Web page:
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Tropical moisture influx leads to strong storms, multi-day flash flood risk this week across state

May 22, 2023

A slow-moving front and a developing area of low pressure will pull tropical moisture into the Sunshine State this week, resulting in a multi-day flood threat.

Surface analysis Monday depicts a nearly stationary front straddling the Florida-Georgia border. This feature produced a few isolated severe thunderstorm warnings Monday morning and as daytime heating gets underway, this potential will expand across much of the state. The nearby frontal boundary will work in tandem with routine sea breeze convection Monday afternoon to produce the risk of damaging winds and locally heavy rainfall. Dew point readings in the upper 60s to lower 70s will support the risk of localized flash flooding early this week, especially across North Florida where the flood risk peaks on Tuesday.

Model guidance suggests storms increase in coverage by early Monday afternoon, with storms likely to develop first along the First and Space Coast. Storms are forecast to push inland by the mid-afternoon, arriving to the I-75 corridor during the peak daytime heating. The arrival time of storms coinciding with peak heating will result in the risk of severe storms mainly away from the immediate coastline, as indicated by the Storm Prediction Center's outlook for Monday. The "marginal" risk of severe weather represents a 1 on a severe weather scale of 1-to-5 and means severe storms are likely to be more isolated in nature. Storms able to tap deeply into the available instability will be capable of producing damaging winds. While the outlook Tuesday and Wednesday does not feature an official risk area in the state, a few strong storms are still possible through midweek given the available instability and nearby frontal system and low pressure area.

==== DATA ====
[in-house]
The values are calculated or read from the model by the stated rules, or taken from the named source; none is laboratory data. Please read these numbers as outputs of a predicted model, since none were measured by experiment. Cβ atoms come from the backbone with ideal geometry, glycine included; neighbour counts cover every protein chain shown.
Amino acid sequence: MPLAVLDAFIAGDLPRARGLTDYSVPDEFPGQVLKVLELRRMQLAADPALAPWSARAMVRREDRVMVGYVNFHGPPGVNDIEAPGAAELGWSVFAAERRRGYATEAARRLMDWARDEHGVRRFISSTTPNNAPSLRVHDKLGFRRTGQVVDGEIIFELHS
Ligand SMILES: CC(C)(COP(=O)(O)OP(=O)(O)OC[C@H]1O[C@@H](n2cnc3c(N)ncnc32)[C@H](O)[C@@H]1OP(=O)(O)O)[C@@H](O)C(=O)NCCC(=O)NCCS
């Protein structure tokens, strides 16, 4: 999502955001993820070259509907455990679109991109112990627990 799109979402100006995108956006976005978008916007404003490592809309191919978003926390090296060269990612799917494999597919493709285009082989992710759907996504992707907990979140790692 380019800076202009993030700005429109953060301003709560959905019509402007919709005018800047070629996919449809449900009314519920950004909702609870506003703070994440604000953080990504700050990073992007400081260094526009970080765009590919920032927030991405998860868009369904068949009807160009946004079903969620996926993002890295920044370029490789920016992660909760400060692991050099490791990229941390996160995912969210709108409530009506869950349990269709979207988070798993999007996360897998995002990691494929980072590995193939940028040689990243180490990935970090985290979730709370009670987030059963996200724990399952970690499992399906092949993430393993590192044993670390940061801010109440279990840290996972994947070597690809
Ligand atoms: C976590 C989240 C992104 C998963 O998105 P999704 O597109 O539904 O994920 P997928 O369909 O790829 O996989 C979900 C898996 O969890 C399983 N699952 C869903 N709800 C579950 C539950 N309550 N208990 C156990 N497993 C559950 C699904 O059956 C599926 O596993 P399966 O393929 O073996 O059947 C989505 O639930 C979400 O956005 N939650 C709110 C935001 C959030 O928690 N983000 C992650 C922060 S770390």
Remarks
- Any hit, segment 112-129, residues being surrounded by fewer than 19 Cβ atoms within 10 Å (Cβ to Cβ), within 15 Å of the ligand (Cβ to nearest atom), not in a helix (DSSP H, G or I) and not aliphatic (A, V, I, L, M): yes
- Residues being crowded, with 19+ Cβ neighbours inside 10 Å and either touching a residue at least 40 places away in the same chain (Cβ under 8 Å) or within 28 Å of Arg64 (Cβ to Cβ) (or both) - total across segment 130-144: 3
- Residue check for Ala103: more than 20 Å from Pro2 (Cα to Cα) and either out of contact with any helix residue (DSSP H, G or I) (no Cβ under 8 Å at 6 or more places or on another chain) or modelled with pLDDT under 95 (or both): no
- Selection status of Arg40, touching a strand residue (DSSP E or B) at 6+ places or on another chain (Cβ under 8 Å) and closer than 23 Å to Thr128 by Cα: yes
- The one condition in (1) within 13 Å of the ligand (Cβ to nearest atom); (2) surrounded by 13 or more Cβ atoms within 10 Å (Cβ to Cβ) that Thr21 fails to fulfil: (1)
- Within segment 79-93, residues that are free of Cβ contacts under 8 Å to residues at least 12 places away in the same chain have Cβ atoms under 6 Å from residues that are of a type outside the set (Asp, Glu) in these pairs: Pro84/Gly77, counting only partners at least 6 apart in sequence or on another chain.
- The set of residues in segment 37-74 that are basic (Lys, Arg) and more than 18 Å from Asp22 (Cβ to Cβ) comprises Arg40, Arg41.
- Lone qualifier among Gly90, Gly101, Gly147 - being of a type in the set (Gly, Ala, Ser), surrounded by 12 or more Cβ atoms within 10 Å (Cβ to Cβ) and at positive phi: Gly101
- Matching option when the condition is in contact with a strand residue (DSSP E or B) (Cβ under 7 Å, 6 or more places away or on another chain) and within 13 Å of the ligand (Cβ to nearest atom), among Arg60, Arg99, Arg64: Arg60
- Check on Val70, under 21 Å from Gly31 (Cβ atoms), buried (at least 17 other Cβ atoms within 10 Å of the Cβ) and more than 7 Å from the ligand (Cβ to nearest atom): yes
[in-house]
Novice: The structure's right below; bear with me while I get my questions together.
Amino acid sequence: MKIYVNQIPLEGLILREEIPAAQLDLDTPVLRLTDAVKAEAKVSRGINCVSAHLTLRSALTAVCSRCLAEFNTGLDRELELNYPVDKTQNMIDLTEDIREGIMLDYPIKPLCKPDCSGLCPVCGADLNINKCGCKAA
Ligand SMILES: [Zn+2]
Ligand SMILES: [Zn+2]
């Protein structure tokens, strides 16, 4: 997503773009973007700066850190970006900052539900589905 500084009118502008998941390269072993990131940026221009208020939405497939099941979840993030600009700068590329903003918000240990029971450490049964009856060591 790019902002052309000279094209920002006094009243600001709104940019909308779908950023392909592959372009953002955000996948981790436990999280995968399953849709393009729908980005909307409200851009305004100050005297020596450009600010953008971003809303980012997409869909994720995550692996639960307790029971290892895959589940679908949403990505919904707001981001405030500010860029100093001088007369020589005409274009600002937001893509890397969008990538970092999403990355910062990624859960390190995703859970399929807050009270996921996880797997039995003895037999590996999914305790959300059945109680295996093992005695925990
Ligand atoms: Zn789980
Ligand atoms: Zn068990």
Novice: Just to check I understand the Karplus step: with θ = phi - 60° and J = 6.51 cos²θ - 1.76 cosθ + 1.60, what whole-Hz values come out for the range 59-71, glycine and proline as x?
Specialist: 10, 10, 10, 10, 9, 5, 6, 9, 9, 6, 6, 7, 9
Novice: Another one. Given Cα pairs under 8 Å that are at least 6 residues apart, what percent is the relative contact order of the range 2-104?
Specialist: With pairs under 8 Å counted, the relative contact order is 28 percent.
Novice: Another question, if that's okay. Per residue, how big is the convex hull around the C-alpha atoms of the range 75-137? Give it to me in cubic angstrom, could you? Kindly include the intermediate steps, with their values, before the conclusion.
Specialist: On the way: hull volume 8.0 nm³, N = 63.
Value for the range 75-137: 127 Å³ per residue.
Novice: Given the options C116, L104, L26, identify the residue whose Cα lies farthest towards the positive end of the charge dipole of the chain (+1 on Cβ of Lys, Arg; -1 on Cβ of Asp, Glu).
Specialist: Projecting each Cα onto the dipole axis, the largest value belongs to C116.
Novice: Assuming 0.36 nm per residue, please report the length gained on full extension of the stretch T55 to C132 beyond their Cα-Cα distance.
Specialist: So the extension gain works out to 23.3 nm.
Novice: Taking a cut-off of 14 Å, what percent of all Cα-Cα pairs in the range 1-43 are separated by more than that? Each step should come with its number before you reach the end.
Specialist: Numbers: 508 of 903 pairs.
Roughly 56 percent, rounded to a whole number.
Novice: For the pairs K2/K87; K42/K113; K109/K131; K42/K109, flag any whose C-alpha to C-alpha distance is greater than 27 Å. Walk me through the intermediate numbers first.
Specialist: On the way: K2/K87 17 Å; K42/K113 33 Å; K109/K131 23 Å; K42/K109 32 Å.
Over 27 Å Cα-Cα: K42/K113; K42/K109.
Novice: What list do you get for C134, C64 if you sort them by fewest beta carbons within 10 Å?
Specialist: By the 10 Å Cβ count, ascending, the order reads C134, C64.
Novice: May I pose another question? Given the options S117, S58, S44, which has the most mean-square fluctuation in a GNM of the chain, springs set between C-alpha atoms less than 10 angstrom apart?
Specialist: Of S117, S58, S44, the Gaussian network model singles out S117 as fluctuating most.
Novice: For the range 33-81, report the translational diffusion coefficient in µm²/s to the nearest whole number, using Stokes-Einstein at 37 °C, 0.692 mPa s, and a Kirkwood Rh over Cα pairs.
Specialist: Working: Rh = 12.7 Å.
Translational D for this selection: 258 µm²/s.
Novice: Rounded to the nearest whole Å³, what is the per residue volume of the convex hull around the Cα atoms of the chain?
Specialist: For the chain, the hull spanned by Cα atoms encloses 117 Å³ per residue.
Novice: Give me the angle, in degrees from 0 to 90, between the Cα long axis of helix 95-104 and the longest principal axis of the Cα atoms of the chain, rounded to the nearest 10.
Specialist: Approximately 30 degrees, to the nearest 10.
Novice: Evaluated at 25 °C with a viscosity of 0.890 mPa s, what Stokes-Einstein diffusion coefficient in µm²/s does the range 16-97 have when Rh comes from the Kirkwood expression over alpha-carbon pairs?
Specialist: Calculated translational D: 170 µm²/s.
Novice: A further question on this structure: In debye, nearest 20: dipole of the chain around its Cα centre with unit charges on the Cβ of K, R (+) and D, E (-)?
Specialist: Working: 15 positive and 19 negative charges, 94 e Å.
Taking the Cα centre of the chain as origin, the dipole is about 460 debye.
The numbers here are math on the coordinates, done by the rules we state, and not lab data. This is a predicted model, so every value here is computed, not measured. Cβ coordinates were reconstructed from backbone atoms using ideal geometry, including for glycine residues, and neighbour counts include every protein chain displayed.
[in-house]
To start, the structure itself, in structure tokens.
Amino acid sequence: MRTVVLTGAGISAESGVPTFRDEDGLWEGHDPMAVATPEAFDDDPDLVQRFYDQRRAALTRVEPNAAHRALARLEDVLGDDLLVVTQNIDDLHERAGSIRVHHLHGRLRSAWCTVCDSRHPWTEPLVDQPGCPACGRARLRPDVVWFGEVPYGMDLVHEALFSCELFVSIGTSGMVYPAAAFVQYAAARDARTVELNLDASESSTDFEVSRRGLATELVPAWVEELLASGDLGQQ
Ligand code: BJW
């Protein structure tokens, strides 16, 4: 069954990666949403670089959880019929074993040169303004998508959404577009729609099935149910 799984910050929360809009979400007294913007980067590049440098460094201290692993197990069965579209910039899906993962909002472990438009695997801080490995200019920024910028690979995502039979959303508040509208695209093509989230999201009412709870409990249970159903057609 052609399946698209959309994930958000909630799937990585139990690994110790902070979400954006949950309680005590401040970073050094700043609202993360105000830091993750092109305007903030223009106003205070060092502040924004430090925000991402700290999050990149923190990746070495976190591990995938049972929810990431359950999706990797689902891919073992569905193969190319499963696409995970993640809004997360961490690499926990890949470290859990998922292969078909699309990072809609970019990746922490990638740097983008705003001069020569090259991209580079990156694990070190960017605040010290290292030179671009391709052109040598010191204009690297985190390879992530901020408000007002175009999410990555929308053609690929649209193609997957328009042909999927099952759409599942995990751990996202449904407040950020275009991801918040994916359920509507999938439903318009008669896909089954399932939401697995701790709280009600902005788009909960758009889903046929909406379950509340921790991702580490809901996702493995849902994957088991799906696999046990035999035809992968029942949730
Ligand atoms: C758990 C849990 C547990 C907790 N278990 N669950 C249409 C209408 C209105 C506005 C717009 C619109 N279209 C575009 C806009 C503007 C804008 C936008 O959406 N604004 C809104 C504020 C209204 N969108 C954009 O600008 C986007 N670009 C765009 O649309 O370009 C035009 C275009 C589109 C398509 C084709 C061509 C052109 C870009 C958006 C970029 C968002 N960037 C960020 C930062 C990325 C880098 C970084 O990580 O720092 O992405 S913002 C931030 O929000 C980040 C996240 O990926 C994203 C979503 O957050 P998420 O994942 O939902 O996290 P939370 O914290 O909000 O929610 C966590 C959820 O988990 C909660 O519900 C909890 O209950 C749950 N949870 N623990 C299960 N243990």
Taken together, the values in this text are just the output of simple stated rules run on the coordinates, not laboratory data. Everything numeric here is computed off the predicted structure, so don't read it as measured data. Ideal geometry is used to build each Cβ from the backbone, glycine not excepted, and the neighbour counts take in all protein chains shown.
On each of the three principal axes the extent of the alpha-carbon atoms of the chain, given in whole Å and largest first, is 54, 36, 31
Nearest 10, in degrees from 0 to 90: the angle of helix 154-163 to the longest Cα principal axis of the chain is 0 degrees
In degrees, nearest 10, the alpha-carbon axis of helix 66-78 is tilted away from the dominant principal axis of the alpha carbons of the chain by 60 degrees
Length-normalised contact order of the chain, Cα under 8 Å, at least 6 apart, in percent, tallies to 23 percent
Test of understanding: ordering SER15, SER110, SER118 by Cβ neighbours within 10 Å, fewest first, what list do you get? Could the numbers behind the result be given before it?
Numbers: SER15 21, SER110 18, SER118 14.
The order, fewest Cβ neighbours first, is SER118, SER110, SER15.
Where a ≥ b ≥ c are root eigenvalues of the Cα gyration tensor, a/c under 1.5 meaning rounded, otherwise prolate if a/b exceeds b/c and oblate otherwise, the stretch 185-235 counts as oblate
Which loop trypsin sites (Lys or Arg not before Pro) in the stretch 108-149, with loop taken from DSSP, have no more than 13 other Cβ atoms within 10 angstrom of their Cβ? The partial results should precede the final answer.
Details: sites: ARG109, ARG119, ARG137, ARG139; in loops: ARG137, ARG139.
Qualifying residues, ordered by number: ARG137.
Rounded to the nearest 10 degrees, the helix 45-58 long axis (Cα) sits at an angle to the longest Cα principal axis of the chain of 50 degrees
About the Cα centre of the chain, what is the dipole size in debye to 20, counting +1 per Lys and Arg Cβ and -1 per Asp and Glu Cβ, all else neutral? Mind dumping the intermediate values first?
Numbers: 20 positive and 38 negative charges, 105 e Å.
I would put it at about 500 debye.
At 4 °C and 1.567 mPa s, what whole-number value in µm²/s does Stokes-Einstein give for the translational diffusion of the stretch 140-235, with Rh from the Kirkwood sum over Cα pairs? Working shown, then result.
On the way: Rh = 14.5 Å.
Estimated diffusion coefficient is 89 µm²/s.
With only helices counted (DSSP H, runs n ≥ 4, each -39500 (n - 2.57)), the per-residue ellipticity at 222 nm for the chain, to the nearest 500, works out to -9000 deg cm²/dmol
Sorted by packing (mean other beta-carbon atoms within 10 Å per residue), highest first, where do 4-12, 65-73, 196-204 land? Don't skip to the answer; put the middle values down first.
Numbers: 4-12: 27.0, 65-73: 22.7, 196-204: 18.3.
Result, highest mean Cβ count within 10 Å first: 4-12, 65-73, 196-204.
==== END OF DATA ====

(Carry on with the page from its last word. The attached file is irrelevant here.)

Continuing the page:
An influx of tropical moisture will increase the risk of localized flash flooding across much of the state through Tuesday. A "marginal" risk of flooding exists Monday, which is a 1 on a flash flood scale of 1-to-4 per the Weather Prediction Center. By Tuesday, this risk will increase to a "slight" across northeast Florida, which is a 2 on the 1-to-4 flash flood scale. The potential for flooding has prompted a Flood Watch from the Panhandle to the Nature Coast, where widespread rainfall totals early this week will likely fall between 1 and 3 inches, with locally up to 7 inches possible. As the slow-moving frontal boundary pushes toward central Florida Wednesday, rain chances in North Florida will drop to near average for late-May.

Panhandle Flood Watch

Meteorologist Justin Ballard

/

National Weather Service - Tallahassee

A Flood Watch is in effect for much of the Panhandle through Tuesday evening.

All eyes will be on the potential development late in the week of a cutoff area of low pressure. Both American and European forecast models suggest this low pushes offshore by the upcoming Memorial Day weekend, resulting in the continued elevated risk of dangerous rip currents and coastal showers and thunderstorms. This feature could require close monitoring into the weekend, as sea surface temperatures are well above average off the Southeast coast. Regardless of whether this feature takes on tropical characteristics, it is forecast to bring unsettled weather and dangerous surf to Florida's east coast through the upcoming holiday weekend.

This week's widespread rainfall should prove beneficial to drought-stricken areas of the state, with most of the state potentially receiving up to 3 inches of rain through Friday. Areas along the Gulf Coast under severe drought could unfortunately pick up the least rainfall through this week, with generally less than an inch forecast along the immediate coast. The long-range pattern supports near-average rainfall chances and below-average temperatures. This verifies based on this week's forecast, as state-wide temperatures will be between five and ten degrees shy of average.

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Sources include nearest National Weather Service office, National Hurricane Center, and the Florida Public Radio Emergency Network (@FloridaStorms).
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Sources include the Florida Department of Transportation, Florida Highway Patrol and other nearby traffic information.

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